1985, Music

King of Rock (1985) by Run-D.M.C.

As I said when I reviewed my first Run-D.M.C. record, I know nothing about the history of hip hop. Given that, it’s pretty easy to just think “well I’m ignorant and sop I’ll just go with the consensus.”

But there doesn’t seem to be as much of a consensus on this record as there was with the debut. And I think I know why: there is a definite sense of deja vu here. Now, I have no idea whether or not the idea of “artistic progress” had made it into mainstream hip hop yet – it really hadn’t made it into much R&B yet even though the genre was decades old at this point – but I can see how this record can be viewed as a bit of retread.

As others have noted, the title is hilariously outrageous and I bet it made a lot of white people really angry. Given rock’s decline 35 years later, it’s kind of hard to imagine a world in which a hip hop group claiming they were the kings of rock could be offensive, but I know that world existed. (It probably still exists in a few places.) So kudos to them.

And they do try to follow through on it on a few tracks, which feature electric guitar. But the production is pretty similar to the first record, with basic drum machine beats, the odd keyboard and the vocals mixed so far forward it’s kind of ridiculous. (And very little in the way of scratching, except for that one track.) This kind of lean production really is my thing in certain genres – including hip hop sometimes – but here I’m not sure it works as well as I would like it to. That has so much to do with the rapping.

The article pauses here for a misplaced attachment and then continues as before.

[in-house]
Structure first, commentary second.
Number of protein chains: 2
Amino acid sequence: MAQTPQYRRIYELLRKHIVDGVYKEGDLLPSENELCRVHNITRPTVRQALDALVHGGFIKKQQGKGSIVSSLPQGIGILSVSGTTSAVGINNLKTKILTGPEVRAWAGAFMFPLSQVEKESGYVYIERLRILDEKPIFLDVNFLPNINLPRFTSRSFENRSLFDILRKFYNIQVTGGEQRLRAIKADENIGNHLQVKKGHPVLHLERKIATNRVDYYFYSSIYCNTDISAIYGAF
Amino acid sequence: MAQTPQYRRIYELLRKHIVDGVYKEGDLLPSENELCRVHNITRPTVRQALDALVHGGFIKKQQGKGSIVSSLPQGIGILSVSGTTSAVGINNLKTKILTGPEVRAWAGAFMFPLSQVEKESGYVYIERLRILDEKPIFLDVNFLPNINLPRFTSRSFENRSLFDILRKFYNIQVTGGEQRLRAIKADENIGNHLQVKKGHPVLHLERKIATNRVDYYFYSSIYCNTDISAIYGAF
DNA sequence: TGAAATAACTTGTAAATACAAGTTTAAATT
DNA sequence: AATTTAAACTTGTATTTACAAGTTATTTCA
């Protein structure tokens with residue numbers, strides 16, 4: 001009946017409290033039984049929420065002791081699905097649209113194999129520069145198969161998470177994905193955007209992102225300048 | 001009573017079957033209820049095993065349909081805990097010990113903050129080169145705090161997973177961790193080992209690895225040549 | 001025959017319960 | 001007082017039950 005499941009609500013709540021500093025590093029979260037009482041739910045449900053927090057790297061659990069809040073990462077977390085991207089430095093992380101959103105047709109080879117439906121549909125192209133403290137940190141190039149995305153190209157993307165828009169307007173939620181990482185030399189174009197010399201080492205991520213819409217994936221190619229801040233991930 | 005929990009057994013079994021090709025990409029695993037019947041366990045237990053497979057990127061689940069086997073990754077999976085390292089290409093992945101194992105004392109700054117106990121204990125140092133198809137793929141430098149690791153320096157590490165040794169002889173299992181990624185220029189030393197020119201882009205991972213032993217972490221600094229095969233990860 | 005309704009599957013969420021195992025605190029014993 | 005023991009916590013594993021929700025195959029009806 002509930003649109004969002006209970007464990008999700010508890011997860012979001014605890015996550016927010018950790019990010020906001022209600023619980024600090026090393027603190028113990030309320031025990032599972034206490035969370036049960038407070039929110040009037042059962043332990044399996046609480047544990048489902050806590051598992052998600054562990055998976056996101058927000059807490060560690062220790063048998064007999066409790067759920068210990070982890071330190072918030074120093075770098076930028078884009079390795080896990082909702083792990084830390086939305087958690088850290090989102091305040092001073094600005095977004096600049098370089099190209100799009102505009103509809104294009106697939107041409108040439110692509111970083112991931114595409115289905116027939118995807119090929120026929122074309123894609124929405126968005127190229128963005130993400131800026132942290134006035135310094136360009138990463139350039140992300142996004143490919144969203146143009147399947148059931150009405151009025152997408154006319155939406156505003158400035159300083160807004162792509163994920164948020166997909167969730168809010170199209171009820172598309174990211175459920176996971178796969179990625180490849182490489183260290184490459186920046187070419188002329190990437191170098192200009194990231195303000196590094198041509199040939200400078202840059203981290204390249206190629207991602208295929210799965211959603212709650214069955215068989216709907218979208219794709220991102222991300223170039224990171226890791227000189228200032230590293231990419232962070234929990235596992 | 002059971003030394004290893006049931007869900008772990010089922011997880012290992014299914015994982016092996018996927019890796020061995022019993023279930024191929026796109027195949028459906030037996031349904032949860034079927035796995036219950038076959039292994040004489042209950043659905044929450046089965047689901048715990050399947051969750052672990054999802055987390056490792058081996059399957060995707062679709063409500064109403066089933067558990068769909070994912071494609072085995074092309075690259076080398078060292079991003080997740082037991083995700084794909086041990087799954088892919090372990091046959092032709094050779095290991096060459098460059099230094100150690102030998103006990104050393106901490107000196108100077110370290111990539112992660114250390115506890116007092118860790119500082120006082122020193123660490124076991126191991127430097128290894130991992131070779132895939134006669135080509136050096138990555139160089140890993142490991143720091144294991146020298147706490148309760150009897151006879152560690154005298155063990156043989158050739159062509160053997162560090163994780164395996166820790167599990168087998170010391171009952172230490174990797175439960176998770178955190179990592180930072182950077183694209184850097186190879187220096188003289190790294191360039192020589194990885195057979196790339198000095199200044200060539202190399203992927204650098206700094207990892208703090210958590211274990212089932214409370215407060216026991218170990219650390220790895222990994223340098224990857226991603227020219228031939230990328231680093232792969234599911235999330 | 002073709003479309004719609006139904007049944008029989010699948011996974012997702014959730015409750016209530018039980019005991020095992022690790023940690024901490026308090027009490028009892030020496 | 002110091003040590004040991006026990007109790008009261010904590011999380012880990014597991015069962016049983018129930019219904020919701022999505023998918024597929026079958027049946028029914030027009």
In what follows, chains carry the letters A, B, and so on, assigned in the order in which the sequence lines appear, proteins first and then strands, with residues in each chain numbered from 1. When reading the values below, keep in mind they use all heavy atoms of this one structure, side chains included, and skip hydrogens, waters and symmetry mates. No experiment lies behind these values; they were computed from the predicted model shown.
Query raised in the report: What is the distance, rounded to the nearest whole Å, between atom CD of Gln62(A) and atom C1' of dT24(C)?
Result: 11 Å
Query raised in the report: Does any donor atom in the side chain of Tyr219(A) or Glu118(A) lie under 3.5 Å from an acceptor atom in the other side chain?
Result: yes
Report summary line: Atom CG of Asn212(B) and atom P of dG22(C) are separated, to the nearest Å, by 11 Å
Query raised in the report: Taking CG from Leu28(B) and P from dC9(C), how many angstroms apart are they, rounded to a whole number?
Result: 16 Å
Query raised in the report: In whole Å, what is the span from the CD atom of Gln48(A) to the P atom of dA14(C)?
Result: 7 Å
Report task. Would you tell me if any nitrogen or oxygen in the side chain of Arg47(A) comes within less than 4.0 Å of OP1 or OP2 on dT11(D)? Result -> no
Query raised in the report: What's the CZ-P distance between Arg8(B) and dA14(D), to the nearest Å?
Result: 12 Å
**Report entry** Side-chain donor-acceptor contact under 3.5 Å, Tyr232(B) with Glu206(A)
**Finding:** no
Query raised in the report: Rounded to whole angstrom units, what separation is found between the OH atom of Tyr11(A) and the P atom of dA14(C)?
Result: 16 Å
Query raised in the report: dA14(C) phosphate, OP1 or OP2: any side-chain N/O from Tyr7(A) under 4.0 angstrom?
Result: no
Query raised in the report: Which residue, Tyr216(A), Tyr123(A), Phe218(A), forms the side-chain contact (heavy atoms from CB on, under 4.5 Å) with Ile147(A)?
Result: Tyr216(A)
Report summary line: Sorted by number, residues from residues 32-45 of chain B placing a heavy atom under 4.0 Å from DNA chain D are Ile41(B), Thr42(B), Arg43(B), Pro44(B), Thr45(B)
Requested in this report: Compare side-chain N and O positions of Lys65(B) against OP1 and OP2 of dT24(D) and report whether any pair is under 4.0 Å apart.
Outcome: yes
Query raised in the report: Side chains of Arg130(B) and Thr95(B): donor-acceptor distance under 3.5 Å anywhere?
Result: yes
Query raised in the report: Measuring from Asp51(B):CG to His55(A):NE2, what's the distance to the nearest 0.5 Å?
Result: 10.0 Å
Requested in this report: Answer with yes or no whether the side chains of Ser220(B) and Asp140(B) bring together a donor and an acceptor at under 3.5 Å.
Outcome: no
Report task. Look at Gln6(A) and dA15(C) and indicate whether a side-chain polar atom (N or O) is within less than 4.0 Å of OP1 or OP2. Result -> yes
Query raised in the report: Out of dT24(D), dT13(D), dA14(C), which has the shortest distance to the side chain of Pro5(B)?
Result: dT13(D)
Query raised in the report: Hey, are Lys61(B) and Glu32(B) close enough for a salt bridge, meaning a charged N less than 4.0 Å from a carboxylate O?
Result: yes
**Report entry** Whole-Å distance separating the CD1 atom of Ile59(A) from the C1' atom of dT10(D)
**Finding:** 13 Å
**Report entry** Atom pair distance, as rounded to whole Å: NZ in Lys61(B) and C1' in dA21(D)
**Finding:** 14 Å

Because though Run-D.M.C. are clearly pioneers and were, I assume, the biggest hip hop group in the world for a little while, well there rapping has dated kind of horribly. That is true of the debut too, but the debut was the first record, right? To the tiny extent that I know hip hop, I know that rapping has become so much more sophisticated in the ensuing decades. The emphasis on the last syllable, the trading of lines, the simple rhymes, these have all become cliche. That’s not on Run or D.M.C, obviously, as they couldn’t have possibly anticipated how things would go, but it makes it difficult to assess, because the whole thing sounds so dated.

Still, this record is a big deal, as far as I know. And occasionally a line or two elicited a laugh. But as someone who already isn’t a hip hop fan, it’s a bit of a trying listen given how relatively unsophisticated the rapping is.

7/10 I guess

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